Egypt braces for fresh protests as pressure on military rulers mounts
Former IAEA chief Mohammed ElBaradei says he is ready to head Egyptian government; parliamentary elections set to start on Monday.
Activists have called for another mass rally in Cairo's Tahrir square on Sunday, as part of their ongoing efforts to force the ruling military council out of power.
The mass rally is to come on the eve of parliamentary elections, the first to be held after a popular revolt forced former president Hosni Mubarak to step down in February.
Protesters in the iconic Tahrir Square are calling for the creation of a "National Salvation government," which would take over all powers from the Supreme Council of the Armed Forces.
The protesters want Mohammed ElBaradei, a Nobel Peace Prize laureate and former head of the United Nations' nuclear watchdog, to head the new government.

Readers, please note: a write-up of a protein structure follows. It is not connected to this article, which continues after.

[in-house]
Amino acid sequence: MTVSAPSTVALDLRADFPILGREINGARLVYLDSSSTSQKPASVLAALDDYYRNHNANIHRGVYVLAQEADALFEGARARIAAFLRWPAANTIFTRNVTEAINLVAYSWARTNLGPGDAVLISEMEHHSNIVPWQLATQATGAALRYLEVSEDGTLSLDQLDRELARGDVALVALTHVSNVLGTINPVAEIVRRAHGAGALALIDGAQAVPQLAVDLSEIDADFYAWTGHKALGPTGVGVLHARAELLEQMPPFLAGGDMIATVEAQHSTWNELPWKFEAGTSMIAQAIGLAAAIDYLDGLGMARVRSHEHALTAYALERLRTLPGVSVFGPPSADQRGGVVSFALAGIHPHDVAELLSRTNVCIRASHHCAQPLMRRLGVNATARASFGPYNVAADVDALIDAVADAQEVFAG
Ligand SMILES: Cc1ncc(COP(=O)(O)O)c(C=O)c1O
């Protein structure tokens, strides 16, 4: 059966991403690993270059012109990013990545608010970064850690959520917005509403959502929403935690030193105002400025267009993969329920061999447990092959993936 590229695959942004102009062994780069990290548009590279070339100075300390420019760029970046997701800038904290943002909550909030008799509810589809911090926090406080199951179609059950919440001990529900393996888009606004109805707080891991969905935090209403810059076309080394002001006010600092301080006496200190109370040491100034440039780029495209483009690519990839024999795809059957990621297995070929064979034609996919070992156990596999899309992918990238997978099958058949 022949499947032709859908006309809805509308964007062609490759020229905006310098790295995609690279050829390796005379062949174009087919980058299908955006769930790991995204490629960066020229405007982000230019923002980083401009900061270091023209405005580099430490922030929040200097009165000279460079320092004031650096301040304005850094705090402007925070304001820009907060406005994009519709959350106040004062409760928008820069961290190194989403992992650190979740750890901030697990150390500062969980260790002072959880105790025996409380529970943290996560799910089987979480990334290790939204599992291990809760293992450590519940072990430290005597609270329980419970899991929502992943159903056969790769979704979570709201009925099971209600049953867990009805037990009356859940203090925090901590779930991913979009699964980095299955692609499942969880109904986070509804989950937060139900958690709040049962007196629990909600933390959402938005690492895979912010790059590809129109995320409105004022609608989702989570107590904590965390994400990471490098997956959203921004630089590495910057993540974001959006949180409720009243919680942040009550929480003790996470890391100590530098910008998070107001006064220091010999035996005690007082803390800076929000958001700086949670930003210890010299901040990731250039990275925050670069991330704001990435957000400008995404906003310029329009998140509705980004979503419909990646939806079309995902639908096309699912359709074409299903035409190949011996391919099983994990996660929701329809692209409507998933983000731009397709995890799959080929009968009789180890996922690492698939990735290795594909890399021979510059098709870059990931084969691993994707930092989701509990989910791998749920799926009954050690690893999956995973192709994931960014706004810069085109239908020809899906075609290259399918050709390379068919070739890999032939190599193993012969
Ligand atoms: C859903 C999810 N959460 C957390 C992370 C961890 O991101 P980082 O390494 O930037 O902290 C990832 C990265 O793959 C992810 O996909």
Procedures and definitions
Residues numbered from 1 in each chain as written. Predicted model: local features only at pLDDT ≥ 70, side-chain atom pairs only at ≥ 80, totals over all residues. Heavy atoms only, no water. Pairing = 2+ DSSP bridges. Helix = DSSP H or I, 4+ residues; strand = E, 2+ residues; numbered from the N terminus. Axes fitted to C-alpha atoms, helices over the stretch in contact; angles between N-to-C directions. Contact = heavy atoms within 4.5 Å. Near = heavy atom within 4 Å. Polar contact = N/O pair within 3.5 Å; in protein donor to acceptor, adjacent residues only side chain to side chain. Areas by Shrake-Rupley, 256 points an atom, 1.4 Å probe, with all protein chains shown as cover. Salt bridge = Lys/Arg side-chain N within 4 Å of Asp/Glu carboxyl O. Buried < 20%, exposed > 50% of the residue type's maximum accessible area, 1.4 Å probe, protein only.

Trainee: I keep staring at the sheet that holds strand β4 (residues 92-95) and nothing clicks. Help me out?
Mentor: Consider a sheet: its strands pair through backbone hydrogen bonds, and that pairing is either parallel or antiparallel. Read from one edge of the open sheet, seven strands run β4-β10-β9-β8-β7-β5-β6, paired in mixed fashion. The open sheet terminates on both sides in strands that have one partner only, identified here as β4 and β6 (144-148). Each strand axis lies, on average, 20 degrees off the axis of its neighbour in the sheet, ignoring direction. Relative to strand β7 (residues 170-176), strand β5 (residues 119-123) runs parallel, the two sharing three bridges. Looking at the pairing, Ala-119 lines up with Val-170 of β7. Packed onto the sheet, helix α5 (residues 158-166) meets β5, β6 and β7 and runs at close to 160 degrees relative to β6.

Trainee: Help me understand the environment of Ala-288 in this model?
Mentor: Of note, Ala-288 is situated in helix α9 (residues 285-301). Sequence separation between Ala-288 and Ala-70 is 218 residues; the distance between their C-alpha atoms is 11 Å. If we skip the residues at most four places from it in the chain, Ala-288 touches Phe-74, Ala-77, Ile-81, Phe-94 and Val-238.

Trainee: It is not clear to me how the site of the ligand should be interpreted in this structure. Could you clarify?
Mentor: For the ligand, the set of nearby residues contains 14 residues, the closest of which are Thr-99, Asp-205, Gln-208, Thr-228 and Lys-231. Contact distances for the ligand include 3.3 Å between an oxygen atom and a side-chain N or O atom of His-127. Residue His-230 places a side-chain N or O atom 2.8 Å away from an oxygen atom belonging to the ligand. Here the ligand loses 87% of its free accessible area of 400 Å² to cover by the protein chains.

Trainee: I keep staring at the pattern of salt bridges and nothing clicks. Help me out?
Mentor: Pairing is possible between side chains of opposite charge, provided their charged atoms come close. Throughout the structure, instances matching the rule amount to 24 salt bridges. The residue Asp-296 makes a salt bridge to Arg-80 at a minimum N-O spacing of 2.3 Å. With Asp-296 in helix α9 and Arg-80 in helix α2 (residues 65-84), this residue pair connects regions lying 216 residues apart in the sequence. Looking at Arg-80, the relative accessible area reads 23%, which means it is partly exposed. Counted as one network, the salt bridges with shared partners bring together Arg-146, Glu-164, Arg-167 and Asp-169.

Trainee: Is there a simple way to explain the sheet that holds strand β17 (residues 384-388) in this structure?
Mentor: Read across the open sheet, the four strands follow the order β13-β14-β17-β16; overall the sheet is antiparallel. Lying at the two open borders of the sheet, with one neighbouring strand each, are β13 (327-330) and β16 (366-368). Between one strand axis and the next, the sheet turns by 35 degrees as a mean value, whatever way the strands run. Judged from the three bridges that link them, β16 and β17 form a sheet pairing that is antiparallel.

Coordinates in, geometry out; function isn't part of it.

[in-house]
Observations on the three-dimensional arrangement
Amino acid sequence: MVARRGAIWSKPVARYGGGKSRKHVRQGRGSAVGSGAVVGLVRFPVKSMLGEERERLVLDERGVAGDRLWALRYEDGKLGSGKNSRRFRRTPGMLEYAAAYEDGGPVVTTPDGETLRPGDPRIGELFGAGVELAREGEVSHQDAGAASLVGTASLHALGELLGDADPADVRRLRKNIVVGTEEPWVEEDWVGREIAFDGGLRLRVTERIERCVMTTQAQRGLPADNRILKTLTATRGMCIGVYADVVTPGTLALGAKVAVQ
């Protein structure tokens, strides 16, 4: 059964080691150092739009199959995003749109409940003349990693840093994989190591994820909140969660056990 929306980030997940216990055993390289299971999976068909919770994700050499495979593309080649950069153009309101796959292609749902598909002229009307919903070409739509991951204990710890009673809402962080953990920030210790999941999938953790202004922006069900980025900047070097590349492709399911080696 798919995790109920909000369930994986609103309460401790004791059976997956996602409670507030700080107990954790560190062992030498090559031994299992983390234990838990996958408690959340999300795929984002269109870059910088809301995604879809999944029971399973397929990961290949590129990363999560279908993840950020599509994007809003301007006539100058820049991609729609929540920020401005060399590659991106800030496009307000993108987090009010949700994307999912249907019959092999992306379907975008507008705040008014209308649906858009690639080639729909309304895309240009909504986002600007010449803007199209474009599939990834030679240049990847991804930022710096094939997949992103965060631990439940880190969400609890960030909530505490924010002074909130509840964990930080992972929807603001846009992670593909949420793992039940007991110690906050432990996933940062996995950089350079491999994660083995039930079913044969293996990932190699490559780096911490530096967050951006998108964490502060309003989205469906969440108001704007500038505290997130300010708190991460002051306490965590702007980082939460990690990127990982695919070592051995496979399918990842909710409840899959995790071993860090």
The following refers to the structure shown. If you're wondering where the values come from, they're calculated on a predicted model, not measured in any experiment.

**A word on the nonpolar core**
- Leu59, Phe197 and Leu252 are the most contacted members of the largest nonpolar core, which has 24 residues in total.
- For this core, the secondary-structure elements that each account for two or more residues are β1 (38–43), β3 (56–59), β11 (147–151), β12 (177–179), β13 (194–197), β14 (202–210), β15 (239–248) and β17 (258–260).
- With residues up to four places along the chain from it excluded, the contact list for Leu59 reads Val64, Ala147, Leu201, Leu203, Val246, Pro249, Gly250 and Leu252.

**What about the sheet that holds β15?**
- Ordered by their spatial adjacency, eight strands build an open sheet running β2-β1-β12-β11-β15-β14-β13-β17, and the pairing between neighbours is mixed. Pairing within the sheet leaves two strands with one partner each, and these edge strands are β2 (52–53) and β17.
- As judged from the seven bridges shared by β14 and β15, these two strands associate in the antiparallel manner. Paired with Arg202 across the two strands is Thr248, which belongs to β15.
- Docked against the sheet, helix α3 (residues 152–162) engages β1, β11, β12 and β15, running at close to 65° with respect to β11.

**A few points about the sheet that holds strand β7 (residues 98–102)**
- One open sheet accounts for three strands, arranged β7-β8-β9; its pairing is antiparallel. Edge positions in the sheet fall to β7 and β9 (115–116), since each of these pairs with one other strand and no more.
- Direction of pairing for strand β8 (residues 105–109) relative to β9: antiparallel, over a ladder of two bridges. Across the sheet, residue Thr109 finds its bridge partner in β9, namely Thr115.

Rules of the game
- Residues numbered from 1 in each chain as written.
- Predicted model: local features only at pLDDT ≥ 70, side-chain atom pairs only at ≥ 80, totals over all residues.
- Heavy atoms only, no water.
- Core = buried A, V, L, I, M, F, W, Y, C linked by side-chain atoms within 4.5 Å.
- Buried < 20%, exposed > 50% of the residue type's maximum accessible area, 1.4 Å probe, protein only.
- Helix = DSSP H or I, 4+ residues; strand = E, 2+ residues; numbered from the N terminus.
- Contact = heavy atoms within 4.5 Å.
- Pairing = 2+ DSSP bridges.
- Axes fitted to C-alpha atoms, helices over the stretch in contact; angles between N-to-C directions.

ElBaradei said late Saturday he was ready to cancel his presidential bid in order to head such a government, if asked by the country's ruling council.
His statement followed talks with the head of the military council, Hussein Tantawi.
Tantawi also held talks with former Arab League chief Amr Moussa, another presidential hopeful. The details of that meeting were not announced.
Protesters have been camping in Tahrir Square for over a week now. More people began a sit-in in front of the cabinet's headquarters near the square, to prevent the newly-appointed prime minister, Kamal Ganzouri, from entering the building.
Days of clashes between protesters and police forces have left 41 people dead across Egypt.
The latest unrest risks overshadowing the elections, which start on Monday and are to run until January 10.
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